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Will Iran Deal Spur Push for Israel Unity Government?

(Reuters) — Concerns over Iran’s nuclear negotiations and the need to repair relations with the White House may push Israeli Prime Minister Benjamin Netanyahu to seek to form a national unity government with his center-left rivals.

Political analysts pointed on Monday to a new position paper from the main challenger that Netanyahu beat in last month’s election, the Zionist Union, that echoed his criticism of the April 2 agreement between world powers and Iran.

The party document called for changes in a final accord to ensure a significant reduction of Tehran’s nuclear capabilities.

Netanyahu, head of the right-wing Likud, party, seemed to allude to such a governing option over the weekend, saying Israeli unity must be strengthened and pledging: “that is what we are going to do.”

Netanyahu has until May 6 to put together a government.

With the support of a new centrist party, Kulanu, and far-right and ultra-Orthodox Jewish factions, he would control 67 of parliament’s 120 seats and so would not need a national unity deal in order to form a workable coalition.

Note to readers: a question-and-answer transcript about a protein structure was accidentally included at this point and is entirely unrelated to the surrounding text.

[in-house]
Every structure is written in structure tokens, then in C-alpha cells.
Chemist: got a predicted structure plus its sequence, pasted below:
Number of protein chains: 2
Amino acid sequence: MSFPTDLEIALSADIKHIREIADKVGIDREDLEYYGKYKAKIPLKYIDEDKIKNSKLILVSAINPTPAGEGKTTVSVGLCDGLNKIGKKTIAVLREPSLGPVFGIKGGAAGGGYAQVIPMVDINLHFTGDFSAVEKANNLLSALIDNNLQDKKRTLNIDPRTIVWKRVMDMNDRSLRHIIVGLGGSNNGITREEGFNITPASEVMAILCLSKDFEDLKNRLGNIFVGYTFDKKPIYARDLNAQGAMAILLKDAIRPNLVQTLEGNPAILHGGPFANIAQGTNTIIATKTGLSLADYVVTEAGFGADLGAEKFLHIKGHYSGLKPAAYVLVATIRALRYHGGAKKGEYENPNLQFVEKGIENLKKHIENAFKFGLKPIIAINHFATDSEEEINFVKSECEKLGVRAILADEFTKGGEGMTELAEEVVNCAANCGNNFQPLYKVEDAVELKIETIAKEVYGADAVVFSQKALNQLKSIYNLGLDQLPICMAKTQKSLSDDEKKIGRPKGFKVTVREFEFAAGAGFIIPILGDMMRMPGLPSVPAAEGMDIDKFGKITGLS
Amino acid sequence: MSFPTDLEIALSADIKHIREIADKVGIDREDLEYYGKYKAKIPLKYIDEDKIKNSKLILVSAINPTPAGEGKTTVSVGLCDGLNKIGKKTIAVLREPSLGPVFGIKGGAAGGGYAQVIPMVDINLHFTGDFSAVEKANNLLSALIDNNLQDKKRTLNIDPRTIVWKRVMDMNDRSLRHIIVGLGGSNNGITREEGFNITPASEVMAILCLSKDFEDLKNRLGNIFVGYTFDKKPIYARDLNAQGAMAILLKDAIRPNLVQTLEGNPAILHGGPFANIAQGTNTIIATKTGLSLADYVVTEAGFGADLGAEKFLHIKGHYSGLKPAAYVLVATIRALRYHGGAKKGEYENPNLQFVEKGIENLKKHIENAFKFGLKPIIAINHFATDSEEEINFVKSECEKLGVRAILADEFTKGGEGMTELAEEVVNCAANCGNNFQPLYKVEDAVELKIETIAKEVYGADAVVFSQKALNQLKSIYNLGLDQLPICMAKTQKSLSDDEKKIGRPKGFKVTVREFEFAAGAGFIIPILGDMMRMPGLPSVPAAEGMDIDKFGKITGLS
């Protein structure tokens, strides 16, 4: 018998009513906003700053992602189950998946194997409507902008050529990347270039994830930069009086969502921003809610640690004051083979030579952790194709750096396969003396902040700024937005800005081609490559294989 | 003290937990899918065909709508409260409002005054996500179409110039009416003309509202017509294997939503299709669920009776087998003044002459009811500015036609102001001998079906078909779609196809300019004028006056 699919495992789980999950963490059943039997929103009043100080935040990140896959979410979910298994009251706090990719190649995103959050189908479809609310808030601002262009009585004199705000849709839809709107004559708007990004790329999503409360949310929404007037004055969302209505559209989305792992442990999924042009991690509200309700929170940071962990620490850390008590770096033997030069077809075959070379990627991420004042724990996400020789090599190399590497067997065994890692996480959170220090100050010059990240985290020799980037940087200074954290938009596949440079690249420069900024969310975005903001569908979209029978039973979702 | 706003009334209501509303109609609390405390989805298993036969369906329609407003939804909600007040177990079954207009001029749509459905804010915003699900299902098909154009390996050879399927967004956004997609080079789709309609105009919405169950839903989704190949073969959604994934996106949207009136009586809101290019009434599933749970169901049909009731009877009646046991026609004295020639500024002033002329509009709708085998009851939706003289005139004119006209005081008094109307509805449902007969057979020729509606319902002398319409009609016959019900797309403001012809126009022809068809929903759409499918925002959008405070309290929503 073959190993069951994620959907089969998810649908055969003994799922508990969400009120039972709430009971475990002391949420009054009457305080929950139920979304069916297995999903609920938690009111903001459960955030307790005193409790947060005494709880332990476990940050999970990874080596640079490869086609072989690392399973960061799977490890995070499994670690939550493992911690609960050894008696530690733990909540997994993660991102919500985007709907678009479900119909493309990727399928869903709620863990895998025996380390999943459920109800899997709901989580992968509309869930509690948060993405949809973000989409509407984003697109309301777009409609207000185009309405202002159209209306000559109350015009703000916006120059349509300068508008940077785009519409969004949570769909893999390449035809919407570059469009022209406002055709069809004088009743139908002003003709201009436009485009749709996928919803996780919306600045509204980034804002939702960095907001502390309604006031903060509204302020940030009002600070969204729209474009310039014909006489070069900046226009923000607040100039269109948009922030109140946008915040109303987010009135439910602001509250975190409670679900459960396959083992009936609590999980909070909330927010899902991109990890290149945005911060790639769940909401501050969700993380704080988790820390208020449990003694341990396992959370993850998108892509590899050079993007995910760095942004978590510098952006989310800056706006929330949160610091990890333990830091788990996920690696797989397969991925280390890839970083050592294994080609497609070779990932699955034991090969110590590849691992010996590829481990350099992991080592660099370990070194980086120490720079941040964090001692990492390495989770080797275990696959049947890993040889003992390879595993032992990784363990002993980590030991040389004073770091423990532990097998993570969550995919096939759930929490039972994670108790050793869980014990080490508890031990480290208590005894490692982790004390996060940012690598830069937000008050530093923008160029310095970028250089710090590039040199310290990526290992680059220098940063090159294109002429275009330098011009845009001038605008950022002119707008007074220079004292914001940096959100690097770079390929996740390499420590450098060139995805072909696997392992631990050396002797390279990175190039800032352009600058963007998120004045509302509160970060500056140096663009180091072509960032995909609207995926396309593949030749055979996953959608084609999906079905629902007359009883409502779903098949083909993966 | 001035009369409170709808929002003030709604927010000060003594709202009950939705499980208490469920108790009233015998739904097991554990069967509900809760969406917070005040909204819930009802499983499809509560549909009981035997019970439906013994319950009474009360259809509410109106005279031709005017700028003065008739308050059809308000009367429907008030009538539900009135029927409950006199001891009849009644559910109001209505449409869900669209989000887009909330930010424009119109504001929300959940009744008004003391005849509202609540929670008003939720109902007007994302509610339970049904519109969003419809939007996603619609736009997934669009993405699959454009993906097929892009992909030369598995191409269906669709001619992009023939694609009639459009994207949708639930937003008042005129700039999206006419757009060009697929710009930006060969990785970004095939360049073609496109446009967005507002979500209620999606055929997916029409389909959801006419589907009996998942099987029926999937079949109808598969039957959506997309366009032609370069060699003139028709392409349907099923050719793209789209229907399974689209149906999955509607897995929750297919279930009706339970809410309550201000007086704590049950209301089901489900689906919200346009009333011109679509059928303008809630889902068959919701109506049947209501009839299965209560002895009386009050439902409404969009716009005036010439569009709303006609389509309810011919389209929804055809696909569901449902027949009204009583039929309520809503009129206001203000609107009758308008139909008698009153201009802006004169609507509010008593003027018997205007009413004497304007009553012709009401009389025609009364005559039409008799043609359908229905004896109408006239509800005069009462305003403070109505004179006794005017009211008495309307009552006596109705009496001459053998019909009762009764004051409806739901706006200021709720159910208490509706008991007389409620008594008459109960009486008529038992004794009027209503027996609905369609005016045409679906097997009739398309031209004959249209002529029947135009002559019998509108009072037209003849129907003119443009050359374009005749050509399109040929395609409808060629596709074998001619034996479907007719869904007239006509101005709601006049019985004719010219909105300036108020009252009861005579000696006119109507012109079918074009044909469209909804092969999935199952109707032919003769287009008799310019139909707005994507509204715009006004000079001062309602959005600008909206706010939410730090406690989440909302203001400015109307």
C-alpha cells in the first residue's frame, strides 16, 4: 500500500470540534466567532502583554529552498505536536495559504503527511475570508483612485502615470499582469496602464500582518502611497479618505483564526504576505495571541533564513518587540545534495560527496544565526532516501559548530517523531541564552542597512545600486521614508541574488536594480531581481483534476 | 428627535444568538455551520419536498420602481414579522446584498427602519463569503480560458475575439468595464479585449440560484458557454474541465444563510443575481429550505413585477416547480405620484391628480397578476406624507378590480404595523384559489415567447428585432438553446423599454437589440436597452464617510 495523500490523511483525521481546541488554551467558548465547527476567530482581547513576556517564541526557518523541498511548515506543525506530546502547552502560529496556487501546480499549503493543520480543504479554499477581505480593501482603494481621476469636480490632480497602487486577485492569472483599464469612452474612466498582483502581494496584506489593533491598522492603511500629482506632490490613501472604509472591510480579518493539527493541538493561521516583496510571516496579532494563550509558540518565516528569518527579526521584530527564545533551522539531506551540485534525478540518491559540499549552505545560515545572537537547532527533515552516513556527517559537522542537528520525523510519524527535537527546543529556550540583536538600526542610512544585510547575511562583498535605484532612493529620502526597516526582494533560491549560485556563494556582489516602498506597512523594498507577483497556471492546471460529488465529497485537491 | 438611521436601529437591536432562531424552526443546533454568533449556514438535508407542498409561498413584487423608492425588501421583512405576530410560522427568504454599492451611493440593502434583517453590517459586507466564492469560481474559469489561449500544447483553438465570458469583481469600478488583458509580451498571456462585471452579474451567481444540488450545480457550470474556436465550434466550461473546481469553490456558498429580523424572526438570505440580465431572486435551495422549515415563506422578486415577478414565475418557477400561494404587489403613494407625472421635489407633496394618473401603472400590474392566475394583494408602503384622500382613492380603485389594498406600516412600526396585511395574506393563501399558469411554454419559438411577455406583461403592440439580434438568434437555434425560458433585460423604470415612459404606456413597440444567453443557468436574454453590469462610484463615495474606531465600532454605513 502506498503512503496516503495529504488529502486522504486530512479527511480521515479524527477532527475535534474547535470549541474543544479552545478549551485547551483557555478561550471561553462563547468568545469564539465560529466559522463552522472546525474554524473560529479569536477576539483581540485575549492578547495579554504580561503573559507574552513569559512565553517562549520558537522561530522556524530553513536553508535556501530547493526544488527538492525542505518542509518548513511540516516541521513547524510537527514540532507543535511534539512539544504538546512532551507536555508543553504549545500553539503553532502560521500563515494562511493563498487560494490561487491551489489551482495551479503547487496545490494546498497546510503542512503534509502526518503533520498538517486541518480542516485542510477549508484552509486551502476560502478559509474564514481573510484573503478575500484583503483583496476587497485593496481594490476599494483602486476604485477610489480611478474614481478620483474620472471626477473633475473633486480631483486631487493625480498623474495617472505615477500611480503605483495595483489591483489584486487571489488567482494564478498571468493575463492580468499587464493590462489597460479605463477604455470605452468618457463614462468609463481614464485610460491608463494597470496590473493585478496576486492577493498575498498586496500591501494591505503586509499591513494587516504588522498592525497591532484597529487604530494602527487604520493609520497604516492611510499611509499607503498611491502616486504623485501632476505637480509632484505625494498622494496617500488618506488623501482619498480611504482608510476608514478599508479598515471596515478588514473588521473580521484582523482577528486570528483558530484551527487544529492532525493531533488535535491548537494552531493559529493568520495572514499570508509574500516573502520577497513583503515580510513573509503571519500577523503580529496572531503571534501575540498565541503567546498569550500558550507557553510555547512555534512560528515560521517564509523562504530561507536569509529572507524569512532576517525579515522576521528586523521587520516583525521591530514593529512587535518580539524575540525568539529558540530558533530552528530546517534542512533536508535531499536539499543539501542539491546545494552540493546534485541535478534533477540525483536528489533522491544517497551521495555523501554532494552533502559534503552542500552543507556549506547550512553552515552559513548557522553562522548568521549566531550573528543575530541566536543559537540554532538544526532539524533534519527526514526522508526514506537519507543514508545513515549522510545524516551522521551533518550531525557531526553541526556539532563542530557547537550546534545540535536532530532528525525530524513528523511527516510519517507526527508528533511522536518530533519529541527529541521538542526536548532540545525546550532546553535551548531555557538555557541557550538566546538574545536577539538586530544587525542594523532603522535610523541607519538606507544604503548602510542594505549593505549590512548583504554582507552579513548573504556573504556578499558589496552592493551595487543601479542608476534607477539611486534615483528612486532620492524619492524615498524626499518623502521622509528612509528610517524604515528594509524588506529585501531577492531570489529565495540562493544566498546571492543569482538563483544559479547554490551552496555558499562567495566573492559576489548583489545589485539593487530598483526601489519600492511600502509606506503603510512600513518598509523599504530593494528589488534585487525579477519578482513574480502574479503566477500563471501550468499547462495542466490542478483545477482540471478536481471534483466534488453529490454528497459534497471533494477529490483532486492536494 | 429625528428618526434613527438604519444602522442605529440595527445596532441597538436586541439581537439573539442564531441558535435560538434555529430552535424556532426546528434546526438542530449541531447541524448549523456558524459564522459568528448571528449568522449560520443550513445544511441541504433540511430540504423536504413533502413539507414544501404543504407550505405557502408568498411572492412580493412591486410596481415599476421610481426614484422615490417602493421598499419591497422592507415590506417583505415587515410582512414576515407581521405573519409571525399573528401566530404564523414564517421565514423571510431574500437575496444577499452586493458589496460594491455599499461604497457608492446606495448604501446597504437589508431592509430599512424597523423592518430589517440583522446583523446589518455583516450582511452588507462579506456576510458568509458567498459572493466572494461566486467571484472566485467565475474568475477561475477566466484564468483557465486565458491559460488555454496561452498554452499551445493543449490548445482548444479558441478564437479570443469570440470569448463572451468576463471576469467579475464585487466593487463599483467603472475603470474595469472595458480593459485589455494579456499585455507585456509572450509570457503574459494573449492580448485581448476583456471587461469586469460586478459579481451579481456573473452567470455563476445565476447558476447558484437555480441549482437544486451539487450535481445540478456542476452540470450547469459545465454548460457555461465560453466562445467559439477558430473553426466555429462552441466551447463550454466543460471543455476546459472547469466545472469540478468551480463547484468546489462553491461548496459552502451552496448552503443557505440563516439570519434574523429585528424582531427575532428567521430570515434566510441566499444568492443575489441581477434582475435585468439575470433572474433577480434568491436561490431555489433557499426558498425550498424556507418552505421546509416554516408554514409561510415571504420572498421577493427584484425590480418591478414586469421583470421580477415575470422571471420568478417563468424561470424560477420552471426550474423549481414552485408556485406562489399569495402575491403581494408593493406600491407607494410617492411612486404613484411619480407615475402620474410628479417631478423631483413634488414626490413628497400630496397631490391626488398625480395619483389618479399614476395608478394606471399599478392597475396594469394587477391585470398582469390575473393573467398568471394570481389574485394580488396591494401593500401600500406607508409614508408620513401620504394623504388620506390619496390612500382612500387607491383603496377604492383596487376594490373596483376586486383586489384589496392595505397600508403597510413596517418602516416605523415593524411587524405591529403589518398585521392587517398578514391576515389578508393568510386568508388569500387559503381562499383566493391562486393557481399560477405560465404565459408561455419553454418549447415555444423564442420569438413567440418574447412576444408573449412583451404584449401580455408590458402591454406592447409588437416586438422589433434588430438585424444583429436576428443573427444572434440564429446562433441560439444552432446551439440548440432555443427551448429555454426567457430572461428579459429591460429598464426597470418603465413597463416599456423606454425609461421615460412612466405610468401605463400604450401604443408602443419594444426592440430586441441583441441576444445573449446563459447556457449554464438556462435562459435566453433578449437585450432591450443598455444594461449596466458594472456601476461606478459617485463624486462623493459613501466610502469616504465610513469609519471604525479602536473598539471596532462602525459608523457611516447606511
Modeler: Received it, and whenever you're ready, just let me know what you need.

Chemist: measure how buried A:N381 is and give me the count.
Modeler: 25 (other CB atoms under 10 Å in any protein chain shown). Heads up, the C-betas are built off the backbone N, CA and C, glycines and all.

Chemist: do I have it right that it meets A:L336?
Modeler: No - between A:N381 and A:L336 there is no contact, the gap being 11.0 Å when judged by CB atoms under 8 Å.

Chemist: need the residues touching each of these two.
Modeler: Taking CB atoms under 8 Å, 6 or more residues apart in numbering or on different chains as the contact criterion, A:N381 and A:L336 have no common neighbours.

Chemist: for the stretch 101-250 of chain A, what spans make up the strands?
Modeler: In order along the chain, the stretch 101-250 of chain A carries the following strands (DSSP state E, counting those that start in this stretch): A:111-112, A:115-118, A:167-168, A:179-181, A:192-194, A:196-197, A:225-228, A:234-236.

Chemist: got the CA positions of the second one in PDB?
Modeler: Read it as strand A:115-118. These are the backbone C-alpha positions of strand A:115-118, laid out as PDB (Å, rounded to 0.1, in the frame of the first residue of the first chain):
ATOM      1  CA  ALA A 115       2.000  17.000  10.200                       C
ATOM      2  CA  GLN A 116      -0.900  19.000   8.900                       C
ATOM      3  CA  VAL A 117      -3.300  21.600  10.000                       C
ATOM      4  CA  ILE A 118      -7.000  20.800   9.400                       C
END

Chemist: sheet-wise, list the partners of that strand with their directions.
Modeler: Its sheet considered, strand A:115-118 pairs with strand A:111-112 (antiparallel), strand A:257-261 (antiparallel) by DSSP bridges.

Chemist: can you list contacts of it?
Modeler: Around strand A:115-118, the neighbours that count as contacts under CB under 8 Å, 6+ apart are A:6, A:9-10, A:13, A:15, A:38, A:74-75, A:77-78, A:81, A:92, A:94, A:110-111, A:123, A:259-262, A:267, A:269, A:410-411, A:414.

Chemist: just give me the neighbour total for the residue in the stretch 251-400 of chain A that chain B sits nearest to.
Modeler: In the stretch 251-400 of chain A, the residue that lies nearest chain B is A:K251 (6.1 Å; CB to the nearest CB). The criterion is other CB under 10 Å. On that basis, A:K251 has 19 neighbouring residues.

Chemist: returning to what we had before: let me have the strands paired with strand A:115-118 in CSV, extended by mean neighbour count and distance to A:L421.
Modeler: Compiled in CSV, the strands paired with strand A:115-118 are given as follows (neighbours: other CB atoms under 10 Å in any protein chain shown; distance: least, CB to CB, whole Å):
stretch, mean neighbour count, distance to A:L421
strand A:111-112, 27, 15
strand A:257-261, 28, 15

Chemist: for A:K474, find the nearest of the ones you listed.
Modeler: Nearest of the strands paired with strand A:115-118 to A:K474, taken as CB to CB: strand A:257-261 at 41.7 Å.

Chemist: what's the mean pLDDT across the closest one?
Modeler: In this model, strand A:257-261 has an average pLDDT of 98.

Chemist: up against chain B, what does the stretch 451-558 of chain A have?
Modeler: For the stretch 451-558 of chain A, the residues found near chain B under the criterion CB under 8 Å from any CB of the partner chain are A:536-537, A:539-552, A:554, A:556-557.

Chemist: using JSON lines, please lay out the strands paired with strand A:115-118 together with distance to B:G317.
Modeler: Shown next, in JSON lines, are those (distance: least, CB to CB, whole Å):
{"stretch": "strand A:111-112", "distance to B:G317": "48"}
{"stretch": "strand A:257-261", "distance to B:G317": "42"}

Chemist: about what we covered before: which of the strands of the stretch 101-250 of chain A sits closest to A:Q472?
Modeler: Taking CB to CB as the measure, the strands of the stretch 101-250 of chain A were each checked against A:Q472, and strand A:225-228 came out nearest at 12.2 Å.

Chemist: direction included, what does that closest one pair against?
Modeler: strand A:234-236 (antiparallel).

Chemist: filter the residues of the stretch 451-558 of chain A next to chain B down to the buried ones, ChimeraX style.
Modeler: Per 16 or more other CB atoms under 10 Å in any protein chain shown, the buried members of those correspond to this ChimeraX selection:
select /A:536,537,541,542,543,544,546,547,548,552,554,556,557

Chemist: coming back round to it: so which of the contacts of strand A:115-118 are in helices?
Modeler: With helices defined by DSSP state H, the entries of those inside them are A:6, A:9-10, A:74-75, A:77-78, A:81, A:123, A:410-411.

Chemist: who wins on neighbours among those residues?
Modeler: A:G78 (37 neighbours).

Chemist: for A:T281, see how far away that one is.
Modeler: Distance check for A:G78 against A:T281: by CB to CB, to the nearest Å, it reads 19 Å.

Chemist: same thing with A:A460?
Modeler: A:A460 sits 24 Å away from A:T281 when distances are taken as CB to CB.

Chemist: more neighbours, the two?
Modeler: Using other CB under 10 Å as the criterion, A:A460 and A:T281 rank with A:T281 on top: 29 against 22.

But including the softly-spoken Zionist Union leader Isaac Herzog in a new administration could help tone down a dispute between Netanyahu and U.S. President Barack Obama over the nuclear deal.

“Netanyahu needs Herzog as a foreign minister to repair ties with the Obama administration,” Aluf Benn, editor-in-chief of the left-leaning Haaretz newspaper, wrote in a column.

“In a right-wing government there is nobody who can carry out that mission.”

Herzog has not voiced public support for a unity deal – or ruled one out.

Asked about Netanyahu’s remarks on a need for unity, Interior Minister Gilad Erdan said they were “more than a hint” at an intent to seek an alliance with Herzog.

A poll by the Israel Democracy Institute think-tank on April 1 found 49 percent of Israelis favor Netanyahu ruling jointly with Herzog, and only 35 percent preferred a rightist coalition.

Some members of Herzog’s party have dismissed the idea.

“There isn’t any such possibility,” said Zionist Union lawmaker Hillik Bar, citing what he called failures of centrist and left-leaning parties in previous rightist-dominated coalitions to moderate government policies.

But the Zionist Union position paper said that, at least on the Iran issue, the party agreed with Netanyahu, saying there were “no government or opposition” positions on the matter.

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